Knowledge, taxes, debt, risk, and compensation are the five aspects about money that Robert T. Kiyosaki elaborately discusses in ‘Unfair Advantage: The power of financial education' ( Before you jump into these, however, you would need to know how to catch a monkey, as explained in the introduction.

The native trick is to find a tree with a small hole in the tree trunk and place fruits or nuts inside it. What happens then? A monkey comes along, puts its fist in the hole and grabs onto the fruit or nuts, narrates the author. “The monkey's fist, now clenched and filled with the fruit or nuts, cannot be withdrawn from the hole, trapping the monkey. Rather than let go of the fruits or nuts, the monkey twists and turns, pulls and tugs, but refuses to let go…” The sobering lesson from this tale is that humans are similar to monkeys, clinging to job security, possessions and money, as Kiyosaki frets. He notes that, due to a lack of financial education, like the trapped monkey, most people will spend their lives as wage slaves of their employers and tax slaves of the government.

Knowledge advantage

Therefore, if you are ready to let go of the nuts and fruits in the form of old and obsolete ideas, the first advantage you must gain is knowledge, because your level of financial education determines what you do with your money and how you invest it, the author advises. He begins by cautioning that financial training often masquerades as financial education. “Just as Pavlov trained his dogs to salivate even if there was nothing to salivate about, millions of highly educated people are trained rather than educated when it comes to the subject of money.” Mindlessly sending your money to complete strangers for managing the portfolio is not the end result of good financial education; it is the end result of dog training, chides Kiyosaki.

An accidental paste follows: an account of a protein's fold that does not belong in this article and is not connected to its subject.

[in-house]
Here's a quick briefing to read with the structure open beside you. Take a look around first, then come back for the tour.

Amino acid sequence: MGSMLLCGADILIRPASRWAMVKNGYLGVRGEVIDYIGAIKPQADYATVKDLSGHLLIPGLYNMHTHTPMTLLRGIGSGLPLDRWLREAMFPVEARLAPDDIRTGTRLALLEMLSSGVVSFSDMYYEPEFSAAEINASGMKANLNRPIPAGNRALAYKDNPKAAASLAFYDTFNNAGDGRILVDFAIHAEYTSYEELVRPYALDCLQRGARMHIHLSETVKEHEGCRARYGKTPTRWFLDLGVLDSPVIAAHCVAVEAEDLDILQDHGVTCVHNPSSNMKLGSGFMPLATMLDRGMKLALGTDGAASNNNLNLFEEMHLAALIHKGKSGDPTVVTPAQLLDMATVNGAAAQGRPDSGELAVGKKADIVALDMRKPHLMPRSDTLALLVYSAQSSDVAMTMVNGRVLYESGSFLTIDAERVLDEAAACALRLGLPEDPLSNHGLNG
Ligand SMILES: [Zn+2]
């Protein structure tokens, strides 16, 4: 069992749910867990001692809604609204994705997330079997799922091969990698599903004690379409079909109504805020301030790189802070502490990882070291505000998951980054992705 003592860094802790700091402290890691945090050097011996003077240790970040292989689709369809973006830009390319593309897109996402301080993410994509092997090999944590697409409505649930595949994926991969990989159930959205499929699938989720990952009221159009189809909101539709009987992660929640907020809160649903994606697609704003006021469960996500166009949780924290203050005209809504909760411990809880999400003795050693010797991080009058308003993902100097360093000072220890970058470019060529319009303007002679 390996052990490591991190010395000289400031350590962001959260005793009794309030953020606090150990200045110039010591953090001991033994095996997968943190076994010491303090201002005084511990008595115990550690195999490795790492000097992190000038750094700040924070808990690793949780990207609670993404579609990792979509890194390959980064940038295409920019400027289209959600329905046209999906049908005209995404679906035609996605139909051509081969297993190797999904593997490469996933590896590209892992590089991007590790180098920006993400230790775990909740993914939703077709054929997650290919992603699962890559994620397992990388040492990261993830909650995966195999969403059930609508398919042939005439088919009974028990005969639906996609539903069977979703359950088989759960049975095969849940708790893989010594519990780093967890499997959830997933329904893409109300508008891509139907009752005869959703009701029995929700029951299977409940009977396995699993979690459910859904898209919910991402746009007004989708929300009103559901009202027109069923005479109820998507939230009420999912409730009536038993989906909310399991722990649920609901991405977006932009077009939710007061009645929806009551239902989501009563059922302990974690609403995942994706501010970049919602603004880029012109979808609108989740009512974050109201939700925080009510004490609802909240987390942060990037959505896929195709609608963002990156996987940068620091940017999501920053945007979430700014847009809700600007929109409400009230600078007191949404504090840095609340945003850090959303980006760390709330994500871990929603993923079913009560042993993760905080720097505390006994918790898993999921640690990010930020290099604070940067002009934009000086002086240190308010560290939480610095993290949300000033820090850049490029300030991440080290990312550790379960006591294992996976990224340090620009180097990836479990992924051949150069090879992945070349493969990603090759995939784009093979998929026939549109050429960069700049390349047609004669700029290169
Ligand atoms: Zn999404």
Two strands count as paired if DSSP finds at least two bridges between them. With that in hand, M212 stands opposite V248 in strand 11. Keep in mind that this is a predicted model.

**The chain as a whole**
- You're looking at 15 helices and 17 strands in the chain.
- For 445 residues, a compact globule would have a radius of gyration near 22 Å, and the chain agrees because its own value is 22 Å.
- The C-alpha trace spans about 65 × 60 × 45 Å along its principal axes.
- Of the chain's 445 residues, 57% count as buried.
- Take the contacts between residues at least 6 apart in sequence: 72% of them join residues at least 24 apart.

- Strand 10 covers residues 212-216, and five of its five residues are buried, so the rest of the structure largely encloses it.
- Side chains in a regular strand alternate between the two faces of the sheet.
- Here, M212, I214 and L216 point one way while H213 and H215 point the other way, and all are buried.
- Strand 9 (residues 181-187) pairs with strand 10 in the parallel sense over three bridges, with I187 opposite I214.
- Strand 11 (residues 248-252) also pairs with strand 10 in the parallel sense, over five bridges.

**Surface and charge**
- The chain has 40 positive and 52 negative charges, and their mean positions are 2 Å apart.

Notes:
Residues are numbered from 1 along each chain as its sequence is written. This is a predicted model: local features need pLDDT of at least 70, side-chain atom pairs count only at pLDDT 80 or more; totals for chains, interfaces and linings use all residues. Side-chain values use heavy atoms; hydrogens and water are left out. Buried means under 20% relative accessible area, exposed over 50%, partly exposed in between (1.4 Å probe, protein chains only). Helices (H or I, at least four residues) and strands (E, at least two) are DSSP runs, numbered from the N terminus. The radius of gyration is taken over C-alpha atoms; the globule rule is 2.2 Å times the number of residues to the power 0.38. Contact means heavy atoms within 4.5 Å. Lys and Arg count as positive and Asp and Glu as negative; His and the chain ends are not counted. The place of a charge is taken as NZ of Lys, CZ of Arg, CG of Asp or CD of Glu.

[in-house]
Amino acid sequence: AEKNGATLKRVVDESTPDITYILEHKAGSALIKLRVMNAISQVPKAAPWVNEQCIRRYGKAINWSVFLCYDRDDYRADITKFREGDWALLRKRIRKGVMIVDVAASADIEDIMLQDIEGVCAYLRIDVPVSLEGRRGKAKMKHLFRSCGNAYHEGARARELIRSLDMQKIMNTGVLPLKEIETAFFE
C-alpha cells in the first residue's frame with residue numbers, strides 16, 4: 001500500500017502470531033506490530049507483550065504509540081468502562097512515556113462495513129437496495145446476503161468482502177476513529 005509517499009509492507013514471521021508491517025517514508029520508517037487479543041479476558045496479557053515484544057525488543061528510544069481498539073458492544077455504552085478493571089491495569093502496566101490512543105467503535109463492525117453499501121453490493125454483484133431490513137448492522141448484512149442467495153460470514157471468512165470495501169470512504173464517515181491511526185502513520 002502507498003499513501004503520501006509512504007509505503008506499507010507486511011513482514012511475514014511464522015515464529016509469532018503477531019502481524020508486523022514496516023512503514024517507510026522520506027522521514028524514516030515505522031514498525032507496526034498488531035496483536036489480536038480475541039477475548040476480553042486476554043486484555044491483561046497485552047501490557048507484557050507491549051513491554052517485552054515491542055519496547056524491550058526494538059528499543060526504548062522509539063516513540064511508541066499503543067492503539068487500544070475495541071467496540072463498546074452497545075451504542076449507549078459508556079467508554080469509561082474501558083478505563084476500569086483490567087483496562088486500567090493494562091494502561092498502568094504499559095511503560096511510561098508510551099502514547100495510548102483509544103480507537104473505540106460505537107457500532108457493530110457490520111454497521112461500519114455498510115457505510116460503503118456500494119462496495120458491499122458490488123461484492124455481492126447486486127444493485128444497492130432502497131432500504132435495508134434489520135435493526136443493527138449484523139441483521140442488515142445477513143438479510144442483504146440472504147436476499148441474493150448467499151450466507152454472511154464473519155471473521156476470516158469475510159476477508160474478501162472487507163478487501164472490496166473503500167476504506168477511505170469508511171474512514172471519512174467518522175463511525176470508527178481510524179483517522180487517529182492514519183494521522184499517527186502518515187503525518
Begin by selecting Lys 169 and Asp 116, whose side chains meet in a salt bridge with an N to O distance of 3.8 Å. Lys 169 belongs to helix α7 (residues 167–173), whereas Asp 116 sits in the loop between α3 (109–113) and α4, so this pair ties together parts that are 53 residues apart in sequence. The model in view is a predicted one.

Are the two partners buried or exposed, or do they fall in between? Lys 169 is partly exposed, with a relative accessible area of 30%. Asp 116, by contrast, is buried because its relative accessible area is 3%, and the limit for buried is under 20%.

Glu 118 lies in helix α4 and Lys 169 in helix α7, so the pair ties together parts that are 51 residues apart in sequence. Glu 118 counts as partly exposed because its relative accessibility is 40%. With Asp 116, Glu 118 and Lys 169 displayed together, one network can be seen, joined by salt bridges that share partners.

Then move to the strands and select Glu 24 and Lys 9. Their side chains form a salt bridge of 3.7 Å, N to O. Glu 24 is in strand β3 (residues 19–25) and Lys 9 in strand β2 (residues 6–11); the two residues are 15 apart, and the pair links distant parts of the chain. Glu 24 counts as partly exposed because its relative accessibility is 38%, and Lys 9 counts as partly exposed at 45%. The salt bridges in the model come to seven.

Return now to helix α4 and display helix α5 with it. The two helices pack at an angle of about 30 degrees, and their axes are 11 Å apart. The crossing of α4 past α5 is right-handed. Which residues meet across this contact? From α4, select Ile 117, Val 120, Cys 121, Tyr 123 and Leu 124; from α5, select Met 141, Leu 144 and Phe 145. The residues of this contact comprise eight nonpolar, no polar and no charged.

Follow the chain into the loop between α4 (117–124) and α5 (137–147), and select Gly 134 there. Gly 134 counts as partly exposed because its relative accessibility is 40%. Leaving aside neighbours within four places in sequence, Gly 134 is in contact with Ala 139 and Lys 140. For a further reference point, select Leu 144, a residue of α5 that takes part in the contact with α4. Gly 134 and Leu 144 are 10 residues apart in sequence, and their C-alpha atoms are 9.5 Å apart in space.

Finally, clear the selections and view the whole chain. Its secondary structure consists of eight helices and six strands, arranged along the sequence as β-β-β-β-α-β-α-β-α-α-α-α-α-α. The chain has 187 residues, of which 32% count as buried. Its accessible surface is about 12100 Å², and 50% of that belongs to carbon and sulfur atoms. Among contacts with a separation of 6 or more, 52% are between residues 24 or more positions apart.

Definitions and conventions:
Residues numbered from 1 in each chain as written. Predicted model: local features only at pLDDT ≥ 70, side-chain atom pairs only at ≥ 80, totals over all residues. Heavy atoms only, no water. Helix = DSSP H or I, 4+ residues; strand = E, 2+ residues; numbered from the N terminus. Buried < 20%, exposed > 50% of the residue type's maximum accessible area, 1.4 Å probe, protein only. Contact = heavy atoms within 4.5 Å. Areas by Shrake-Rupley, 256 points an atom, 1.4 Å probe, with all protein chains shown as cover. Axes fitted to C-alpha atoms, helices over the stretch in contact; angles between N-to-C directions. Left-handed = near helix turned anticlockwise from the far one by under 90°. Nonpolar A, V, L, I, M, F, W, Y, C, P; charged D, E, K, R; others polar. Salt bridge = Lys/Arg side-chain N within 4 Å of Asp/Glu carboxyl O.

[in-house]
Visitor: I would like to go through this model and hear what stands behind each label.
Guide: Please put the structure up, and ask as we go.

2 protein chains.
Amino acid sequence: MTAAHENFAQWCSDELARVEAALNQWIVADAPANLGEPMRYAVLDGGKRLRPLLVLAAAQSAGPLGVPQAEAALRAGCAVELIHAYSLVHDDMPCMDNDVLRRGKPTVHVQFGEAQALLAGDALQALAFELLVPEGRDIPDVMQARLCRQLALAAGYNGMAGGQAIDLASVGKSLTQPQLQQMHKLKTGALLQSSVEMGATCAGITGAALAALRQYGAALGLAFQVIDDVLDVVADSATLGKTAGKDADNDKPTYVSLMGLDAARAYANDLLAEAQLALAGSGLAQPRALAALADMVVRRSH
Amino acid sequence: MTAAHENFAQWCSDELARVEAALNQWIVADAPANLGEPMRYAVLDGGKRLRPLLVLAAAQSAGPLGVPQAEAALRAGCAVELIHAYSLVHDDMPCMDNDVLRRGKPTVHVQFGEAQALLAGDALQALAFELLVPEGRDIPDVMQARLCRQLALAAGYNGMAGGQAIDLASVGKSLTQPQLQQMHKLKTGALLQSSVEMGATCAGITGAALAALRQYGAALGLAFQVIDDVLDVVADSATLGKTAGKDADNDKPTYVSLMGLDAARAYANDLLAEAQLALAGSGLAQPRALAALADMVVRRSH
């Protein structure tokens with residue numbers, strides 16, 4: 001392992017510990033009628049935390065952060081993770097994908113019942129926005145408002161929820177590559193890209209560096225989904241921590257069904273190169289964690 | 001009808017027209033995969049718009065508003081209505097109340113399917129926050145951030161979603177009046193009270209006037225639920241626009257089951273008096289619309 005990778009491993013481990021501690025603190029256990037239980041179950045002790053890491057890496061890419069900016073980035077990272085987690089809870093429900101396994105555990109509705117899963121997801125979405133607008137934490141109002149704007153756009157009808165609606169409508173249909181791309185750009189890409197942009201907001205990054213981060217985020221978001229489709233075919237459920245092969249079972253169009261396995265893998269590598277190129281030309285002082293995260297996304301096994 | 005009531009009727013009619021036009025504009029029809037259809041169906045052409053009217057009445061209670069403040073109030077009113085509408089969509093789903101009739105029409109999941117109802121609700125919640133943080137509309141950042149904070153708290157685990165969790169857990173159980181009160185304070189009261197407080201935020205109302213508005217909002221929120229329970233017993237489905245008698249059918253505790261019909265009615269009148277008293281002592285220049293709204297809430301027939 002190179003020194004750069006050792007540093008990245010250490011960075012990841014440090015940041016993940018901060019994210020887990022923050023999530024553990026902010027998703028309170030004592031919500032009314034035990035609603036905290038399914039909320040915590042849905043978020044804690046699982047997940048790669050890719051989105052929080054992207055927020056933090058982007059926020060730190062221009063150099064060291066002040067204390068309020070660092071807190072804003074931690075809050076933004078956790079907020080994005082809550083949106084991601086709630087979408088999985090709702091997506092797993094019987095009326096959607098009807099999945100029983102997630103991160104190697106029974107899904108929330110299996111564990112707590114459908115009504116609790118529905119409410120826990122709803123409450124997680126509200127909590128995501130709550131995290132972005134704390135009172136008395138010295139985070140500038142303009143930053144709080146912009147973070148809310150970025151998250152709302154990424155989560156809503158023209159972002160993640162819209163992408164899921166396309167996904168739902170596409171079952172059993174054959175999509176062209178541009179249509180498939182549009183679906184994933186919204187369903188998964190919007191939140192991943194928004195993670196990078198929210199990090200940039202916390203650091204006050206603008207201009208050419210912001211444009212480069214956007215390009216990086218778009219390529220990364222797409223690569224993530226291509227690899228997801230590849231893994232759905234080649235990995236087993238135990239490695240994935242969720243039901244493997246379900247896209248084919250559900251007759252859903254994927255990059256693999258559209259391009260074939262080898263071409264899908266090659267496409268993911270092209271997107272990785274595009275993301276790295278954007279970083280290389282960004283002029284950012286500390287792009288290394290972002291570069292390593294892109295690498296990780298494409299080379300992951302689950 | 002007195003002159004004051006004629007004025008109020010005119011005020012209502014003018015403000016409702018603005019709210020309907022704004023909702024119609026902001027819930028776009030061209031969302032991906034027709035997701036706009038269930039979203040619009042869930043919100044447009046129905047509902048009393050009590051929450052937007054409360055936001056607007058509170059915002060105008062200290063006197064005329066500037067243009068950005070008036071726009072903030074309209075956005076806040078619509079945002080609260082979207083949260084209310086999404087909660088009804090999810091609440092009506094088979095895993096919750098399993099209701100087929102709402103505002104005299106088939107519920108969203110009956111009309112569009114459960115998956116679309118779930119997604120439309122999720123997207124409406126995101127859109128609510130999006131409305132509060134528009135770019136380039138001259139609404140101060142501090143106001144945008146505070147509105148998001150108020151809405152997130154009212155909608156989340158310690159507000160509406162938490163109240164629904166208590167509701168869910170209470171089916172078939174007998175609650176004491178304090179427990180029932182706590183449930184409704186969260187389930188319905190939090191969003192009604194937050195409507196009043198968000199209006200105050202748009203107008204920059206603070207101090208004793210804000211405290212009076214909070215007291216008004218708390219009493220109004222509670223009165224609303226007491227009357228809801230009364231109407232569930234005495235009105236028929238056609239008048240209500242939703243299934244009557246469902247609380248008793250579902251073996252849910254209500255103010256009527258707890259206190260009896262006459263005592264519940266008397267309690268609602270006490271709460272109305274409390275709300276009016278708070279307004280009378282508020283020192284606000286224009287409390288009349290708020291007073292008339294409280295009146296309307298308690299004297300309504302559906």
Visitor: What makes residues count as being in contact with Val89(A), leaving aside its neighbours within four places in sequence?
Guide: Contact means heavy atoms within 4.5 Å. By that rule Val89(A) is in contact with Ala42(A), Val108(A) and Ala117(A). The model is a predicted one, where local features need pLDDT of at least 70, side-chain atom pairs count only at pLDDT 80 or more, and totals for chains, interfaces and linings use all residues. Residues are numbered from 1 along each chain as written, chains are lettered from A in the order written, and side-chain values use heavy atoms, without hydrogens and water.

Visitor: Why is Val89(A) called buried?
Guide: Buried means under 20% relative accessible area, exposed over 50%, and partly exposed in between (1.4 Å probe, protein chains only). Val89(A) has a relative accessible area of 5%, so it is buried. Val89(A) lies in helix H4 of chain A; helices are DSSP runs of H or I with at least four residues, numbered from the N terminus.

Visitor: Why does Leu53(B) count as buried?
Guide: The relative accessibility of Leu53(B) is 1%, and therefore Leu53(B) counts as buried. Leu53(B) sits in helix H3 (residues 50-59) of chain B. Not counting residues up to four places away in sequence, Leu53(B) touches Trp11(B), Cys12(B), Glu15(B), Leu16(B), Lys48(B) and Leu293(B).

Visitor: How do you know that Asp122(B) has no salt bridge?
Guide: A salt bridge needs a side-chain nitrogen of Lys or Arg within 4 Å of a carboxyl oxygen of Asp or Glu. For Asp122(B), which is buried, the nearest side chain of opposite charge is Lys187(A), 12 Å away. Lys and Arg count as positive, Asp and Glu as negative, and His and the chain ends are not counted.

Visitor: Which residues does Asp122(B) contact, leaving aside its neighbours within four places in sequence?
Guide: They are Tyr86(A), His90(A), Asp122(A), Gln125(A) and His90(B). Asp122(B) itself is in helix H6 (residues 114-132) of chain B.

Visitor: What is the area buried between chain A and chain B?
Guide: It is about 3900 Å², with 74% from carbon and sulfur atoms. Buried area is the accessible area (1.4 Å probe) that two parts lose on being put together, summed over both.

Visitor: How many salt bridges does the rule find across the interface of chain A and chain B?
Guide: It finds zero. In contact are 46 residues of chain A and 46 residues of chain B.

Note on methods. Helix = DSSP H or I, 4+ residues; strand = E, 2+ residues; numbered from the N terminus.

In the world of money and financial education, ‘cash flow' is the single most important word, he emphasises. “Cash is always flowing. It is either flowing in, or it is flowing out. For most people, they work hard and the cash flows out. True financial education trains you to have cash flowing in.” The author reminds that the people who lost money during the financial crisis were people who invested primarily for capital gains. Because such people bet on the price of something going up; and when the market crashed, their wealth crashed, and for many, their net worth went negative, he recounts.

First present

An instructive section in the book is ‘Kim' commentary,' where the author's wife Kim shares her insights with the readers. “My very first gift from Robert when we were first dating was not a nice piece of jewellery or my favourite perfume,” she reminisces. Incredible it may sound, but her first present was a seminar on accounting, through a game played for two days.

“My mind-set shifted when I realised that, in order to become financially independent and free, I needed to focus on acquiring assets, not income,” Kim writes. If you wonder ‘why,' her answer is that focusing on income means you have to keep working harder and harder to make more and more money and may be one day you will have enough money so that you no longer have to work. “Shifting my focus to acquiring assets takes the attention off me working forever for money and puts it on my money working forever to make money. This made all the difference.” A book that can make a definitive contribution to the millions around the world who have been taught only ‘to go to school, work hard, pay taxes, live below your means, buy a house, get out of debt, and die poor.'